Military and war films have long been some of the most popular forms of cinema. Unfortunately, war is hell, and that means there are often deaths that occur in these movies. If you’re like us, these incidents often hit you pretty hard, and have a way of sticking with you, even after a film has come to its end.
The following are just a handful of the most heartbreaking deaths to occur in the war movie genre.
Benjamin Buford “Bubba” Blue – Forrest Gump (1994)
Due to his inherent kindness and empathy, moviegoers almost immediately fell in love with Forrest Gump. They rooted for the character, who was brilliantly portrayed by Tom Hanks, and wanted the best for him. When he was drafted to fight in the Vietnam War, Gump became best friends with fellow soldier and kindred spirit, Benjamin Buford Blue – better known as Bubba.
Sadly, Bubba dies in his comrade’s arms, after he and the rest of the unit are ambushed, resulting in him suffering a gunshot to the chest. After his death, Gump laments, “He was my best good friend… Bubba was gonna be a shrimping boat captain, but, instead, he died right there by that river in Vietnam.”
Capt. John Miller – Saving Private Ryan (1998)
After learning that Pvt. James Ryan’s three brothers had died during the Second World War, the US government endeavors to bring him home at all costs. The man tasked with leading the rescue group is Capt. John H. Miller, portrayed by Tom Hanks.
During the course of the rescue, Miller is critically wounded by German fire while trying to defend Ramelle’s bridge from an attack during the fictional Battle of Ramelle. While sad in and of itself, what made the scene worse was that Miller was shot by the German soldier he’d freed earlier in the film, “Steamboat Willie.”
With his last dying words, Miller tells Ryan not to squander the sacrifice of the men who gave their lives to rescue him, saying, “James… Earn this. Earn it.”
Lance Cpl. Blake – 1917 (2019)
In the World War I drama 1917, Lance Cpl. Blake and fellow soldier Will Schofield are on a mission to let a garrison know to call off an impending attack. Blake is especially excited about the mission, since his older brother serves in the garrison.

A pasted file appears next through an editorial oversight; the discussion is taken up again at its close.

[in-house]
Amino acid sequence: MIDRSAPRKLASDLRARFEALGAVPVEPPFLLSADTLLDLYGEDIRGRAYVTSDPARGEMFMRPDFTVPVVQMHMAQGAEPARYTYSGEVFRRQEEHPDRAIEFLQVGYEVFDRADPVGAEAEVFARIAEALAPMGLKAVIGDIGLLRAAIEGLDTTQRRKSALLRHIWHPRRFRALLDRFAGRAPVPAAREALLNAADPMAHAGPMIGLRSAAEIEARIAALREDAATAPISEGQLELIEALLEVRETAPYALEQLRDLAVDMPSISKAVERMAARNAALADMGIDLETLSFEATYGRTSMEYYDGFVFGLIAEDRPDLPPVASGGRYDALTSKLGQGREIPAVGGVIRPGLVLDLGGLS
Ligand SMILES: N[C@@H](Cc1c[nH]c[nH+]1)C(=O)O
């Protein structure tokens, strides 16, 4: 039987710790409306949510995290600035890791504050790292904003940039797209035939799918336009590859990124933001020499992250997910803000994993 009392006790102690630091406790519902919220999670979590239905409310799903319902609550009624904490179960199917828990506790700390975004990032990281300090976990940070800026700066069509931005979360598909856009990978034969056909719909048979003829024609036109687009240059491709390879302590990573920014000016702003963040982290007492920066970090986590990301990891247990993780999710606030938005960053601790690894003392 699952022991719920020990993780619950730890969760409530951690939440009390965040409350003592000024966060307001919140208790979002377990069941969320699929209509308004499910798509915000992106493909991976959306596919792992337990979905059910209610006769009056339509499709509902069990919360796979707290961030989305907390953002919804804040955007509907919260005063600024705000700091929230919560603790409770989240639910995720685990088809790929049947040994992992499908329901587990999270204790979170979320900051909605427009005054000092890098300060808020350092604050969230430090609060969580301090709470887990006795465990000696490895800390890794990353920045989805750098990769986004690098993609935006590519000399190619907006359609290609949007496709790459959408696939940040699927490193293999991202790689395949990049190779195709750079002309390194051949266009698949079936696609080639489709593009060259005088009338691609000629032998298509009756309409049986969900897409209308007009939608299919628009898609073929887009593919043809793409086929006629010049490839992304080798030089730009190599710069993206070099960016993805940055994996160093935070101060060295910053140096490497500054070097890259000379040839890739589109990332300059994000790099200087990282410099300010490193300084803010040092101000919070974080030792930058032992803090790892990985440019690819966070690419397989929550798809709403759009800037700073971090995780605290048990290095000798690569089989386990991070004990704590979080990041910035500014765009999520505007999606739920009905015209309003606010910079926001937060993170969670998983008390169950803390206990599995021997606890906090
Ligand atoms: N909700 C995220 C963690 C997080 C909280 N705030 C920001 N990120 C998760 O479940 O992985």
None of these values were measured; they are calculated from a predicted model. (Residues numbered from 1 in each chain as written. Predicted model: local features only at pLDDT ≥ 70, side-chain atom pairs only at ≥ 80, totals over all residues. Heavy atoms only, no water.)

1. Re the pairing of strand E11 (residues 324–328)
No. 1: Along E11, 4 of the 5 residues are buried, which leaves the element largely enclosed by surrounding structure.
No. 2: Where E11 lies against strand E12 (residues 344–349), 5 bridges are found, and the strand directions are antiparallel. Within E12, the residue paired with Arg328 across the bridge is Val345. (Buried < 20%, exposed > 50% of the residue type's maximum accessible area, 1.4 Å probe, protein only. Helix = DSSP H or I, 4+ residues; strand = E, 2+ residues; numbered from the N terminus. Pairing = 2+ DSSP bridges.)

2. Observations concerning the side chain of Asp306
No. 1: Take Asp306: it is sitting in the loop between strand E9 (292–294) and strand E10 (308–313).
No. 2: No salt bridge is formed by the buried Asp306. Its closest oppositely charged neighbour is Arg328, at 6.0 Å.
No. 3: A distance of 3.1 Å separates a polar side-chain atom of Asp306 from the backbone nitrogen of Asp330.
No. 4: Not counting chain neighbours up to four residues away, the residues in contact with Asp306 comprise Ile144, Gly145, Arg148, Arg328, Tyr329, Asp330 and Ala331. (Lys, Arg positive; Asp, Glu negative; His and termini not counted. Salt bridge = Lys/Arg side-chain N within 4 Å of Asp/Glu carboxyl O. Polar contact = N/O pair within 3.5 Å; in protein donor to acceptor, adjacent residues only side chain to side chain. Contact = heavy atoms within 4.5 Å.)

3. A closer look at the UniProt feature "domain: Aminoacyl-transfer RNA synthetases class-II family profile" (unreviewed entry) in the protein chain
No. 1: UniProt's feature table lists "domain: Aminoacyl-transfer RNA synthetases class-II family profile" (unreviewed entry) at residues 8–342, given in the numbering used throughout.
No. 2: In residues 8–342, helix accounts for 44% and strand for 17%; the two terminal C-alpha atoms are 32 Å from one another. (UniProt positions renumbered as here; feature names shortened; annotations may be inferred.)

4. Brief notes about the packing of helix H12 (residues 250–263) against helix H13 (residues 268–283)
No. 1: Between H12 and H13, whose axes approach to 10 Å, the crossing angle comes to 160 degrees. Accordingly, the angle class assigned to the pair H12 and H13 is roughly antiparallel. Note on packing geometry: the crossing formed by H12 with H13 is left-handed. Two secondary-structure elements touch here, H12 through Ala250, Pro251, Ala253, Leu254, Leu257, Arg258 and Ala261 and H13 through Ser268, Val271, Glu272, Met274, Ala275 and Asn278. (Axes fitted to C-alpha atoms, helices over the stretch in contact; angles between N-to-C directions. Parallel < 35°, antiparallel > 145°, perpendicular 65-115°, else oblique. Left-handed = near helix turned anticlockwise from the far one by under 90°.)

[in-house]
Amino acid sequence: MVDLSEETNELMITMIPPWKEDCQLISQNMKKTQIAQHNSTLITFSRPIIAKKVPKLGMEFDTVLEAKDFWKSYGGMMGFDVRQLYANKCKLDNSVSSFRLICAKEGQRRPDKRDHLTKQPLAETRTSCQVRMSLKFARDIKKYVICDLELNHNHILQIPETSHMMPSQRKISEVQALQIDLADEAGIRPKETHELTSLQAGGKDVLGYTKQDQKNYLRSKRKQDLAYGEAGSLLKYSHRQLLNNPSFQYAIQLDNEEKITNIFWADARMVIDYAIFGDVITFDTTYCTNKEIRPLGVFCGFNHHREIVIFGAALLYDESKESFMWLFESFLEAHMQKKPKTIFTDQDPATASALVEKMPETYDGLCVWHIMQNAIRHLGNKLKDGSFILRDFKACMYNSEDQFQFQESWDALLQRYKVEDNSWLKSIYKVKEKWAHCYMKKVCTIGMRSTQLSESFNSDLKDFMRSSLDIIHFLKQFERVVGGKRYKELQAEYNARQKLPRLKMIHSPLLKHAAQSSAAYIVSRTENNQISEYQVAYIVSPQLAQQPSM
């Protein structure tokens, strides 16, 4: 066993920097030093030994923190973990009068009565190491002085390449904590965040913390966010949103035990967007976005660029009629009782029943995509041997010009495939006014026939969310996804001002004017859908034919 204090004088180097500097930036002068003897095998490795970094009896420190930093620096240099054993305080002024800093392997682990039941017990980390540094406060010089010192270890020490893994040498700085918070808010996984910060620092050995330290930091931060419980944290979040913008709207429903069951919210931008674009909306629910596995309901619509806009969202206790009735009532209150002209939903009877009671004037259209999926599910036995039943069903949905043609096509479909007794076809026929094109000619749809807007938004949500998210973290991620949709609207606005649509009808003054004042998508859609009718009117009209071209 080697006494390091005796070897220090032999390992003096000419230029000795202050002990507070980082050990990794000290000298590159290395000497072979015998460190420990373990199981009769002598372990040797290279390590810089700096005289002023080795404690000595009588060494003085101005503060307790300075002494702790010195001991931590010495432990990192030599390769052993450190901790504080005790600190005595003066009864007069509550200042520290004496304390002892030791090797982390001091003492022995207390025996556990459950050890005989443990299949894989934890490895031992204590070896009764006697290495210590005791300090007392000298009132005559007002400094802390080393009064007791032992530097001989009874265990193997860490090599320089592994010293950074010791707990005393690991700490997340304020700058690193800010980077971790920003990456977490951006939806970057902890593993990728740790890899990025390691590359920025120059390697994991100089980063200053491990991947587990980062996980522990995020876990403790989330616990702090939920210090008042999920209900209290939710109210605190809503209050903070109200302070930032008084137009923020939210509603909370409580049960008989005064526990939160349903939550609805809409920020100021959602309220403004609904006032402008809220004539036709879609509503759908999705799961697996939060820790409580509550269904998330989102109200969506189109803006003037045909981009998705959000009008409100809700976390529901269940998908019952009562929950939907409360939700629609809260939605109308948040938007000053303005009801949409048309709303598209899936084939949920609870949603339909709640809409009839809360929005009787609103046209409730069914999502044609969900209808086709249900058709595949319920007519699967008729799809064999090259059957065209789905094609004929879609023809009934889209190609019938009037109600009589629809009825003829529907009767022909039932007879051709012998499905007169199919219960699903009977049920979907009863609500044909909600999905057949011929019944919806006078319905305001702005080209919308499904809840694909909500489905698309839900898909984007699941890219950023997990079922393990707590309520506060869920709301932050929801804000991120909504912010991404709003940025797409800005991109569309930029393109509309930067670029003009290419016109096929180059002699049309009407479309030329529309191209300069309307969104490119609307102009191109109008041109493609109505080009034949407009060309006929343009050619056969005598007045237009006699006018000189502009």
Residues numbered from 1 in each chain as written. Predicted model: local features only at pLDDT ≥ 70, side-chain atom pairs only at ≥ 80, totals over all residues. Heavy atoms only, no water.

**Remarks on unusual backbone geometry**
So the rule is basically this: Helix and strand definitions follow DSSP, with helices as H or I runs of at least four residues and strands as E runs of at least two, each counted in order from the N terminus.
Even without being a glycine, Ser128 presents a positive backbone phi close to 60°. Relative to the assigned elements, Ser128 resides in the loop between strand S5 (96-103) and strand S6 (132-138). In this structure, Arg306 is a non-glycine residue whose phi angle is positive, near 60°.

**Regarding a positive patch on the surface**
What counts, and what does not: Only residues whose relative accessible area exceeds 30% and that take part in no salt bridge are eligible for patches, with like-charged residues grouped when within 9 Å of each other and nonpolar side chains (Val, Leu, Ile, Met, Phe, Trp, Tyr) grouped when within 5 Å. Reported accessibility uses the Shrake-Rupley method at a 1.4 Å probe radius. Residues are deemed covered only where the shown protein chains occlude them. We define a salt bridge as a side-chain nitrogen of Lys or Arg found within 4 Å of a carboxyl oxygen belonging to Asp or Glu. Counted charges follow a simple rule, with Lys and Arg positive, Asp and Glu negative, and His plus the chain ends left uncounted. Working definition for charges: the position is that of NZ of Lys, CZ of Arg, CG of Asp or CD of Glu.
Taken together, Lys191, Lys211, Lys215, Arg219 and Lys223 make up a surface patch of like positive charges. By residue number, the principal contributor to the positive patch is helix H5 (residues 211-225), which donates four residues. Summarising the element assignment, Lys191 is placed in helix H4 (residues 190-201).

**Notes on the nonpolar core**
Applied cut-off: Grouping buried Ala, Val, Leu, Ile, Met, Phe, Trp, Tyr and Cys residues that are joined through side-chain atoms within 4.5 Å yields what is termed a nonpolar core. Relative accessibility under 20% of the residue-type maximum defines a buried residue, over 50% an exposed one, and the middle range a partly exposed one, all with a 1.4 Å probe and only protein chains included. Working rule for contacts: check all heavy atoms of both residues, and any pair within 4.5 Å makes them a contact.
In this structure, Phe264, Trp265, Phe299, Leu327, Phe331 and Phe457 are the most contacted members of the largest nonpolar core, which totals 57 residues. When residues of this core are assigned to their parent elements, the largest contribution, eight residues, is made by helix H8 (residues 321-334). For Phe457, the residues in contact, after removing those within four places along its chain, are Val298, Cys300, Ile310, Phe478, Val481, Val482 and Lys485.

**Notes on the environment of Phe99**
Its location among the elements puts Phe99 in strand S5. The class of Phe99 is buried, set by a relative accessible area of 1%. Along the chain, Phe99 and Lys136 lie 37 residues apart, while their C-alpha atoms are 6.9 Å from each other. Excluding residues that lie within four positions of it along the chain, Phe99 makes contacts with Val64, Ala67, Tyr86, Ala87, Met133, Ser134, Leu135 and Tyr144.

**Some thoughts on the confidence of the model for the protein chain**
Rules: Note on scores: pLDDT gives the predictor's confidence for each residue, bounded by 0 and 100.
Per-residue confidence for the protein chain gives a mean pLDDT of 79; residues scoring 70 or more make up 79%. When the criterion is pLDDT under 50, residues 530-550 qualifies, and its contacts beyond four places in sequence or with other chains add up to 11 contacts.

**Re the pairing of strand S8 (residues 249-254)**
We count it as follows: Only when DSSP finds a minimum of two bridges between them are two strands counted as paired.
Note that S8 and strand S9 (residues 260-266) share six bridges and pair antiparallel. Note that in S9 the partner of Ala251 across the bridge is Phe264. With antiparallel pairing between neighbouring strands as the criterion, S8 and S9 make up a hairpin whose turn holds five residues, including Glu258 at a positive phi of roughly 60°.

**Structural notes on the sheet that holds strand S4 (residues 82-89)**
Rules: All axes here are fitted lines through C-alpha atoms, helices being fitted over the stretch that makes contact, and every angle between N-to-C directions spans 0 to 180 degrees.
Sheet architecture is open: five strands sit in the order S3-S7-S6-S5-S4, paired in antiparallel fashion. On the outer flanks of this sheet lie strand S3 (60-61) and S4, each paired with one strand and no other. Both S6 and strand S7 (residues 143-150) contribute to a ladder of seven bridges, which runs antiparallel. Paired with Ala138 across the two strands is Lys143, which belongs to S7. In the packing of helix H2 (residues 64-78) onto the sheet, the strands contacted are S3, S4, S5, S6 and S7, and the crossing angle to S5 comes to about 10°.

On their way there, the pair encounter an unconscious German soldier in a burning aircraft. They opt to not kill him and, instead, Blake helps revive him. However, once the soldier is awake, he stabs Blake, fatally wounding him. Schofield shoots the German in retaliation and comforts his friend and comrade as he passes.
LTJG. Nick “Goose” Bradshaw – Top Gun (1986)
In Top Gun, Tom Cruise‘s Lt. Pete “Maverick” Mitchell is the rebel. His radar intercept officer, LTJG. Nick “Goose” Bradshaw, is the complete opposite. While he loves to joke around and have a good time, Anthony Edwards’ character also cares deeply about his family.
While competing in the US Navy‘s TOPGUN school, Maverick and Goose’s aircraft is destroyed and the men are forced to eject. When Goose ejects, however, he slams into the canopy head first and is killed. Despite being noticeably shaken by his friend’s sudden passing, Maverick continues on with the program.
Gunnery Sgt. Hartman – Full Metal Jacket (1987)
It’s not easy for any American to go through basic training. Entering the battlefield is a rather intense experience, and recruits need someone to prepare them for what’s to come. In 1987’s Full Metal Jacket, the man in charge of this is Gunnery Sgt. Hartman, who is portrayed by real-life US Marine Corps veteran R. Lee Ermey.
During the first half of the movie, Hartman gives Vincent D’Onofrio’s character, Pvt. Leonard “Gomer Pyle” Lawrence, a hard time. Lawrence takes the criticism to heart and becomes an expert marksman, passing basic training. However, he eventually has a mental breakdown, which causes him to shoot and kill Hartman.
Pvt. Silas Trip – Glory (1989)
1989’s Glory is one of the few films where both main characters are killed: Col. Robert Shaw, played by Matthew Broderick, and Denzel Washington‘s Pvt. Silas Trip. Shaw is shown to be a great leader and is caring toward his men. Trip, however, is seen as a rebellious private, regularly flouting the rules.
As a result of Shaw’s leadership, Trip begins to change his tune and becomes a better soldier. When Shaw is killed, he carries the American flag and leads the men into battle, during which he is killed by a musket ball to the heart.
Sgt. Elias – Platoon (1986)
Vietnam veteran Oliver Stone heavily based 1986’s Platoon on his own experiences. In his eyes, there was both light and dark in the conflict. The light was represented by Willem Dafoe’s Sgt. Elias, while the dark was shown through Tom Berenger’s Sgt. Bob Barnes.
Elias is empathetic and concerned about the people living in Vietnam, and treats his subordinates kindly. He’s also outspoken over Barnes’ treatment of captives during interrogations, leading to an intense rivarly. Following a brawl, he’s secretly killed by Barnes, along with a number of Viet Cong.